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You are here: Contents > 2012 > Volume 21 Number 5 September 2012 > AORTIC VALVE DISEASE > Effect of Concomitant Asymmetric Septal Hypertrophy when Assessing the Severity of Aortic Valve Stenosis: An In-Vitro Study

Effect of Concomitant Asymmetric Septal Hypertrophy when Assessing the Severity of Aortic Valve Stenosis: An In-Vitro Study

Emmanuel Gaillard, Lyes Kadem, Philippe Pibarot , Louis-Gilles Durand

Laboratory of Biomedical Engineering, Institut de recherches cliniques de Montréal (IRCM), University of Montreal, Montreal, Laboratory of Cardiovascular Fluid Dynamics, Concordia University, Montreal, Quebec Heart Institute, Laval Hospital, Laval University, Sainte-Foy, Canada

Background and aim of the study: Aortic valve stenosis (AS) is an important cardiovascular disease that affects between 2% and 7% of the elderly population in industrialized countries. AS often coexists with asymmetric septal hypertrophy (ASH), which is generally caused by a protrusion of the hypertrophied left ventricular outflow tract (LVOT) just below the aortic valve. The study aim was to determine, based on measurement of the aortic valve effective orifice area (EOA), if ASH might potentially interfere with the assessment of AS severity.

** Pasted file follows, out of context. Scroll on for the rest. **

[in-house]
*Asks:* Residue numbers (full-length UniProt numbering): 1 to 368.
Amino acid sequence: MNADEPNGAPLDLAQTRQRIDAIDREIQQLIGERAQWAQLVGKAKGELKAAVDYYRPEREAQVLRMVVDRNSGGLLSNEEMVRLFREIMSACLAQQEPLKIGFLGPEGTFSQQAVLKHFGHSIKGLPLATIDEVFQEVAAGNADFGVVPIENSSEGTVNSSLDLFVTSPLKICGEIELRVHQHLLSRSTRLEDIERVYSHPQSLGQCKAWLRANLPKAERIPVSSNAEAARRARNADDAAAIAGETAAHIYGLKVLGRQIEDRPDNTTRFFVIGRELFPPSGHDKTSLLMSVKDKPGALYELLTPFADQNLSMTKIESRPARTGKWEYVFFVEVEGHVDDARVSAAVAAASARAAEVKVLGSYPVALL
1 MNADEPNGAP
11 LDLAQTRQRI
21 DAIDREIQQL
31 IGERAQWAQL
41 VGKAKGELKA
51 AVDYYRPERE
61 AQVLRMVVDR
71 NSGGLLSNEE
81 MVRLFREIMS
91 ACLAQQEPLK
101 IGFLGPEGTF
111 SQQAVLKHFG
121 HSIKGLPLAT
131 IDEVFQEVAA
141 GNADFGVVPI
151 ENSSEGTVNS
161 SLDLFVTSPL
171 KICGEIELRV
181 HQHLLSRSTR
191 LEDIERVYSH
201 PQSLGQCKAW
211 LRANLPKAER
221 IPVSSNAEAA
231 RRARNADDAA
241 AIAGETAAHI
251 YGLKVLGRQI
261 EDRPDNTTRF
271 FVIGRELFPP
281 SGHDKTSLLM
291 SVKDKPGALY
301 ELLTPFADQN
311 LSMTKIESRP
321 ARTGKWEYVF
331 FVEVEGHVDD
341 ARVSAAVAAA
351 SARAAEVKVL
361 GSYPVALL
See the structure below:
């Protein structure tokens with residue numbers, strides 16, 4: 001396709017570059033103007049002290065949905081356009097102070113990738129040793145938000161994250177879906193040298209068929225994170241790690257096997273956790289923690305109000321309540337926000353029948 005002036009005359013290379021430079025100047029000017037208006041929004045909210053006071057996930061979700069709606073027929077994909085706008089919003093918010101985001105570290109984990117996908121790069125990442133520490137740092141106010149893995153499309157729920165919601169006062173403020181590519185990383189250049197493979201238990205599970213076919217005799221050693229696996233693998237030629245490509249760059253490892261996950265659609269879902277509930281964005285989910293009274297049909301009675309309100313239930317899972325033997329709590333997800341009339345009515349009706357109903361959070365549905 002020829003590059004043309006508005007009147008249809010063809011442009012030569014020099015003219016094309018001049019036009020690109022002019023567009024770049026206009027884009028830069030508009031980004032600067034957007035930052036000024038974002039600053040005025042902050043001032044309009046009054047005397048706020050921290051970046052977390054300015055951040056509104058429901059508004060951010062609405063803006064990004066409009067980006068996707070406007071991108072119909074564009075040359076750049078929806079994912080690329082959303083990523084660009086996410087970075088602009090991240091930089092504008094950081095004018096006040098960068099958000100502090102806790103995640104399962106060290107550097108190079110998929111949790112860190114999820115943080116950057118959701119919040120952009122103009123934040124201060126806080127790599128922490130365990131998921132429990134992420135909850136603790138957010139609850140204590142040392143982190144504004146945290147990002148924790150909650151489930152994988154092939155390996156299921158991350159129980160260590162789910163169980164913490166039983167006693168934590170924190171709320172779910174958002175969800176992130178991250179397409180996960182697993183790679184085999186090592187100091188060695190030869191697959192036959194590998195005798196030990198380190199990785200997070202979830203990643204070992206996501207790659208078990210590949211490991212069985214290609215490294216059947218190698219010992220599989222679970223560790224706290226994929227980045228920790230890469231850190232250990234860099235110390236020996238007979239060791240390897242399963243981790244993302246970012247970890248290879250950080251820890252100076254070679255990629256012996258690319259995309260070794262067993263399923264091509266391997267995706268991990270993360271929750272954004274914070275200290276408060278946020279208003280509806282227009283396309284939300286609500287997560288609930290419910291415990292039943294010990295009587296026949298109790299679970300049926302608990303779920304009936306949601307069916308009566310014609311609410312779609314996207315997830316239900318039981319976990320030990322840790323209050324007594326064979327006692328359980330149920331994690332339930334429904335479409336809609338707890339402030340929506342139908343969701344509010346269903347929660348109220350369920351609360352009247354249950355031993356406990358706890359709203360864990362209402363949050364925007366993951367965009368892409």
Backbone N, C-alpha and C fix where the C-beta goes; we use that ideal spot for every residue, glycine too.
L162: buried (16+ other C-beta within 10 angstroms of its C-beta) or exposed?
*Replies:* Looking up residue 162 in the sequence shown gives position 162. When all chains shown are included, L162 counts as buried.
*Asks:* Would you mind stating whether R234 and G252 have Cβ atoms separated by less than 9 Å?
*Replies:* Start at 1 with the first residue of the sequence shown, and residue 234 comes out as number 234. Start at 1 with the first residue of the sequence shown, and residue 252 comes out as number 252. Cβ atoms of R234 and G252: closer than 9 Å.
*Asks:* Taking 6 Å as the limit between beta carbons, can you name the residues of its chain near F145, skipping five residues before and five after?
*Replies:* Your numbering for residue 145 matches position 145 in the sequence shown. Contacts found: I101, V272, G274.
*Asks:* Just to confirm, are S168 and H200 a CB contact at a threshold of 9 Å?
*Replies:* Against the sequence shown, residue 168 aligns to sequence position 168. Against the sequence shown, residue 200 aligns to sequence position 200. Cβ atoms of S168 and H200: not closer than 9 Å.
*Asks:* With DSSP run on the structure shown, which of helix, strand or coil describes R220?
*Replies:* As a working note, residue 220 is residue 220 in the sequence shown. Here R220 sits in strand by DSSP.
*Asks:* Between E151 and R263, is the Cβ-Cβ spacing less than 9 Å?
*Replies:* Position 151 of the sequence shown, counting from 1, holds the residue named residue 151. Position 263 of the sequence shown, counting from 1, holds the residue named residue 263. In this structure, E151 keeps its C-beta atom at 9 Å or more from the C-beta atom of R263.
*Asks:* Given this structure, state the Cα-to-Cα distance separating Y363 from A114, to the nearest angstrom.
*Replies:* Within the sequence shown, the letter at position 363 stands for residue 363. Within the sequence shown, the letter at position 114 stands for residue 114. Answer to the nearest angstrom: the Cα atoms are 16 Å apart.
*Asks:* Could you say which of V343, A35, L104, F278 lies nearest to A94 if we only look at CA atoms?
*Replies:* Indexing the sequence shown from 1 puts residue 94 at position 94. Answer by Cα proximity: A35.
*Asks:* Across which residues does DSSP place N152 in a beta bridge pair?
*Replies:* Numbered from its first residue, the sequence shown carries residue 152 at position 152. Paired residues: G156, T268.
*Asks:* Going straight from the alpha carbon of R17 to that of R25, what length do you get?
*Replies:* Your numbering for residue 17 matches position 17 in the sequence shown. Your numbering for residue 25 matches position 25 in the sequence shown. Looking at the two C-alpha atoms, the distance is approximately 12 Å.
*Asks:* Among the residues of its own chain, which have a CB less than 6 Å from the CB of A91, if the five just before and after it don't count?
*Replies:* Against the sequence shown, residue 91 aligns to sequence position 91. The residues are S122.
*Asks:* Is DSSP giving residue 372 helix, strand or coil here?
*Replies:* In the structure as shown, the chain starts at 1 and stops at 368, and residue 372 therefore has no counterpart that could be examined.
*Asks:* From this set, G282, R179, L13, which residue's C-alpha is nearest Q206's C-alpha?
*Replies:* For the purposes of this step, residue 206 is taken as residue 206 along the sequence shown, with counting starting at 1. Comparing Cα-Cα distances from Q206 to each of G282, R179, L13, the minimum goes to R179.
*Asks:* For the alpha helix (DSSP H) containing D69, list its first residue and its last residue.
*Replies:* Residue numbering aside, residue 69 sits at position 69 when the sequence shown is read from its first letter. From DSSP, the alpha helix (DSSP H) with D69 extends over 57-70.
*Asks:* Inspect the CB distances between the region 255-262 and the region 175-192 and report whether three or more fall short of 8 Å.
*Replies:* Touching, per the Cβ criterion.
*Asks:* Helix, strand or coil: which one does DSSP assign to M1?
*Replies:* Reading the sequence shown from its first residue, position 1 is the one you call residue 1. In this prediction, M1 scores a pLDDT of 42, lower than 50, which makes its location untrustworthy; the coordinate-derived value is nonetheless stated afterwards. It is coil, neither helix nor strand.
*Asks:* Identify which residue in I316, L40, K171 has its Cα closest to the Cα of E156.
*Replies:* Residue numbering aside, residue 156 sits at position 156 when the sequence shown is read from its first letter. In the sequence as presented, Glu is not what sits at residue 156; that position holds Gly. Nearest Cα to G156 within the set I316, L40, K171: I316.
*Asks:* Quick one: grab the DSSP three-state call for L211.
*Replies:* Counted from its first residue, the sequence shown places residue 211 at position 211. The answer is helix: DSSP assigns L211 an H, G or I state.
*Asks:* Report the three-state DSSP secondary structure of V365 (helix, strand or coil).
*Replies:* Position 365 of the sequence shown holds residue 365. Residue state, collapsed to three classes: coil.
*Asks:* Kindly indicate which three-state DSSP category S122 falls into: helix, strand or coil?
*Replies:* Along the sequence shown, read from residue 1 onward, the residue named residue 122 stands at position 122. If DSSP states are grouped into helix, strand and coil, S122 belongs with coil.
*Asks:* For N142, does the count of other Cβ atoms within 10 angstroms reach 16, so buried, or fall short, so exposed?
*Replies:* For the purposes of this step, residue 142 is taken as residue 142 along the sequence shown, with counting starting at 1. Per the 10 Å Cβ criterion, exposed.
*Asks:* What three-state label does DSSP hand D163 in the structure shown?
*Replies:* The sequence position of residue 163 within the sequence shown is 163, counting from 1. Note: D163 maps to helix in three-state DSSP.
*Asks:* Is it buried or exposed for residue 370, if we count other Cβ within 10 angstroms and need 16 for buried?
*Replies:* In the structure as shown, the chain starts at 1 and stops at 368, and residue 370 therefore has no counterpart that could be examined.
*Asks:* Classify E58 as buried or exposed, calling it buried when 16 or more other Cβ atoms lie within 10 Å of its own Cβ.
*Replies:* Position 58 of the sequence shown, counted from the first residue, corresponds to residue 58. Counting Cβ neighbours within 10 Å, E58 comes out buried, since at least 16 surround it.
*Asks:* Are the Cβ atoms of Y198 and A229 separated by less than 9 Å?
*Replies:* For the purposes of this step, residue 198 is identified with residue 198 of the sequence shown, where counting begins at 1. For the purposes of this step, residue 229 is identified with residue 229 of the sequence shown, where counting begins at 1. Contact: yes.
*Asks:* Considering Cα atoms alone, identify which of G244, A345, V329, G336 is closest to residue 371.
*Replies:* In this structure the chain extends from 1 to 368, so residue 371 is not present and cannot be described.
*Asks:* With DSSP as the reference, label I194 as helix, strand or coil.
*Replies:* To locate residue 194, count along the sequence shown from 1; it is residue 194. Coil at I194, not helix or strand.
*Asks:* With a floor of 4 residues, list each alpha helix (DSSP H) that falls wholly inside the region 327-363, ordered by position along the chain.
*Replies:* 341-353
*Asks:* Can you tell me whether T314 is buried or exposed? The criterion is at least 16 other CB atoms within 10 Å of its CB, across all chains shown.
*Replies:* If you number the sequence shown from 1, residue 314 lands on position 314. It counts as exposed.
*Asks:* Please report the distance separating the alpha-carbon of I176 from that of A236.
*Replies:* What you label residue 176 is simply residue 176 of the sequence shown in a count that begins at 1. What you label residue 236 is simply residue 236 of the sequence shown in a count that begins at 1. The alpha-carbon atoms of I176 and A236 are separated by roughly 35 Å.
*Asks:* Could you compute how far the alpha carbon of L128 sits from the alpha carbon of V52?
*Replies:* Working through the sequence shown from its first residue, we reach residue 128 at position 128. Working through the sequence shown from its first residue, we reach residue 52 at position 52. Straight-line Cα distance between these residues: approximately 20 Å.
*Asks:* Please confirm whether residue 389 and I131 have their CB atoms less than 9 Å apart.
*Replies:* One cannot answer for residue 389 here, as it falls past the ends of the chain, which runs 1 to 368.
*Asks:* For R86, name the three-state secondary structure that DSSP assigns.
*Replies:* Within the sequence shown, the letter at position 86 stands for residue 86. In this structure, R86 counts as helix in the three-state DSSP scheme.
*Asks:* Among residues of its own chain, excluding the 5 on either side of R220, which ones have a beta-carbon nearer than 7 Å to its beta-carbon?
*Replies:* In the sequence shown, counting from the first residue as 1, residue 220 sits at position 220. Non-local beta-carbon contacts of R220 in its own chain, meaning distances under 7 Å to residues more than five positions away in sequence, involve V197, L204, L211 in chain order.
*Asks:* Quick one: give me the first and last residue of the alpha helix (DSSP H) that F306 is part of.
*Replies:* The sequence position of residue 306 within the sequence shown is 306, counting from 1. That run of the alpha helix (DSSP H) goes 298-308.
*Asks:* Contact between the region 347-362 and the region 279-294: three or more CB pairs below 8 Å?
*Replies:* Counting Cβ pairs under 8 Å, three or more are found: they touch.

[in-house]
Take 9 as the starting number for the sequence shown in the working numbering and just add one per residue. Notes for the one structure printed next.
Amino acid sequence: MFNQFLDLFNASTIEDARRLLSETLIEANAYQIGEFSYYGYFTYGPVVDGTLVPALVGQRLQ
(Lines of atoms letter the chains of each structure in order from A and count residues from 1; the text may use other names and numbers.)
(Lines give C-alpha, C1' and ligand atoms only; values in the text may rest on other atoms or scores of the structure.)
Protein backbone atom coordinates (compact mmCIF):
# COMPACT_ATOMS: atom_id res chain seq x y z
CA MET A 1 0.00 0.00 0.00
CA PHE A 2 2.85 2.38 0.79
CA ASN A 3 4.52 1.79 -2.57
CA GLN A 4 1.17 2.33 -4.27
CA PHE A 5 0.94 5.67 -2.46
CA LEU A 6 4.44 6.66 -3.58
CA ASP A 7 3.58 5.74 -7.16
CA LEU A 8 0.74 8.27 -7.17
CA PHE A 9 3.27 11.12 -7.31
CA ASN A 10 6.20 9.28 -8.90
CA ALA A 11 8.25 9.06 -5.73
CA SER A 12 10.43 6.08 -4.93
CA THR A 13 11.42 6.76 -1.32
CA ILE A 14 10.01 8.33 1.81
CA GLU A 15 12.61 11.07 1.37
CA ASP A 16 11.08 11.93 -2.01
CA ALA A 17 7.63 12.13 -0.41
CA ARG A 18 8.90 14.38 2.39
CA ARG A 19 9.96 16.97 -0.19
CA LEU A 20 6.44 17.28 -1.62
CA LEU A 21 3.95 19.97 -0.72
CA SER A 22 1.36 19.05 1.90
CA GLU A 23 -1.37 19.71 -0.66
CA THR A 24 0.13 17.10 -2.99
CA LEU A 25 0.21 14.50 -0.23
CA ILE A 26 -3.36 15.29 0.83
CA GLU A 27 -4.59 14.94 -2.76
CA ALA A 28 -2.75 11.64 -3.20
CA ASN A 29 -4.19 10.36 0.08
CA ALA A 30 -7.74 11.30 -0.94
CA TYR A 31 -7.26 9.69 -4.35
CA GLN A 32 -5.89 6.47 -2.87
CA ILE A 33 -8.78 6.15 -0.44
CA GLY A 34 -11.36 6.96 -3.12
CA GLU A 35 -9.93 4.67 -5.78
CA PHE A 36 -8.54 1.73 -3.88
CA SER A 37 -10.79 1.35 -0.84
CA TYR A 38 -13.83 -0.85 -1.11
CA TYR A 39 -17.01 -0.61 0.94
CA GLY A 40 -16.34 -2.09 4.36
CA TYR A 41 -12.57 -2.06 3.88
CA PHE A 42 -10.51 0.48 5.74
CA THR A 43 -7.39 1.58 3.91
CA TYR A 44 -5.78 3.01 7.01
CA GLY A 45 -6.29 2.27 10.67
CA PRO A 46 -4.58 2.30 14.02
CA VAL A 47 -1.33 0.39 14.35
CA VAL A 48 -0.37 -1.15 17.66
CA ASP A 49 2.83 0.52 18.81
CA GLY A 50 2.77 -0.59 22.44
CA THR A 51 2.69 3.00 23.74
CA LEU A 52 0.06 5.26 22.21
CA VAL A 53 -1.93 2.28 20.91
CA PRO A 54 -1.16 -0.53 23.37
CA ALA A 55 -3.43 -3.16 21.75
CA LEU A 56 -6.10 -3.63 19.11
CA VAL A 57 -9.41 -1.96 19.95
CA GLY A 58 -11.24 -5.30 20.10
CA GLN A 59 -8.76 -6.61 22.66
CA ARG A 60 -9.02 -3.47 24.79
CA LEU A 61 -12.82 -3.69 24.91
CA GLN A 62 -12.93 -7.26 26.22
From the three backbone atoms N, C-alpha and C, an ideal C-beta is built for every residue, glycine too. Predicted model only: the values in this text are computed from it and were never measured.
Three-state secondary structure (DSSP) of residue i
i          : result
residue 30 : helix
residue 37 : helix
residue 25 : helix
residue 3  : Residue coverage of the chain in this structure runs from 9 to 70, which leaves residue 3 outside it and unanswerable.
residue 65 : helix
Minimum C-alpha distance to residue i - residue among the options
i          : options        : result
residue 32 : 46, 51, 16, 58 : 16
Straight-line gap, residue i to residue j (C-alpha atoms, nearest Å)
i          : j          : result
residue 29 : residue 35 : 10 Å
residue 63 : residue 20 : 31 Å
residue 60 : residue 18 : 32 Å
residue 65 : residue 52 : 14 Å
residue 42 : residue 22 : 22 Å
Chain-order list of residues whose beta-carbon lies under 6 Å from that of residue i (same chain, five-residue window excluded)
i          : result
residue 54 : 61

Methods: The effects of different levels of ASH (from normal to 90%) on the EOA measured from orifices
mimicking different AS severities, and from a homebuilt AS model constructed from a bioprosthetic aortic valve, were examined in a pulsatile flow in-vitro
model.

Results: For the most severe AS, the level of ASH had
no impact on the measured EOA. In contrast, for the
less severe AS, beyond an ASH level of 50% the AS
severity was progressively overestimated, and
reached a reduction of about 60% of EOA for a ASH
level of 90%.
Conclusion: The presence of concomitant ASH may
cause an overestimation of the hemodynamic severity
of AS. The extent of overestimation is more important
in less-severe AS. Hence, the presence of ASH
may lead the clinician to conclude, erroneously, that
the AS is severe and that aortic valve replacement is
indicated. However, beyond an ASH level of 50% the
AS severity can be accurately determined.

The Journal of Heart Valve Disease 2009;21:623-627

Effect of Concomitant Asymmetric Septal Hypertrophy when Assessing the Severity of Aortic Valve Stenosis: An In-Vitro Study

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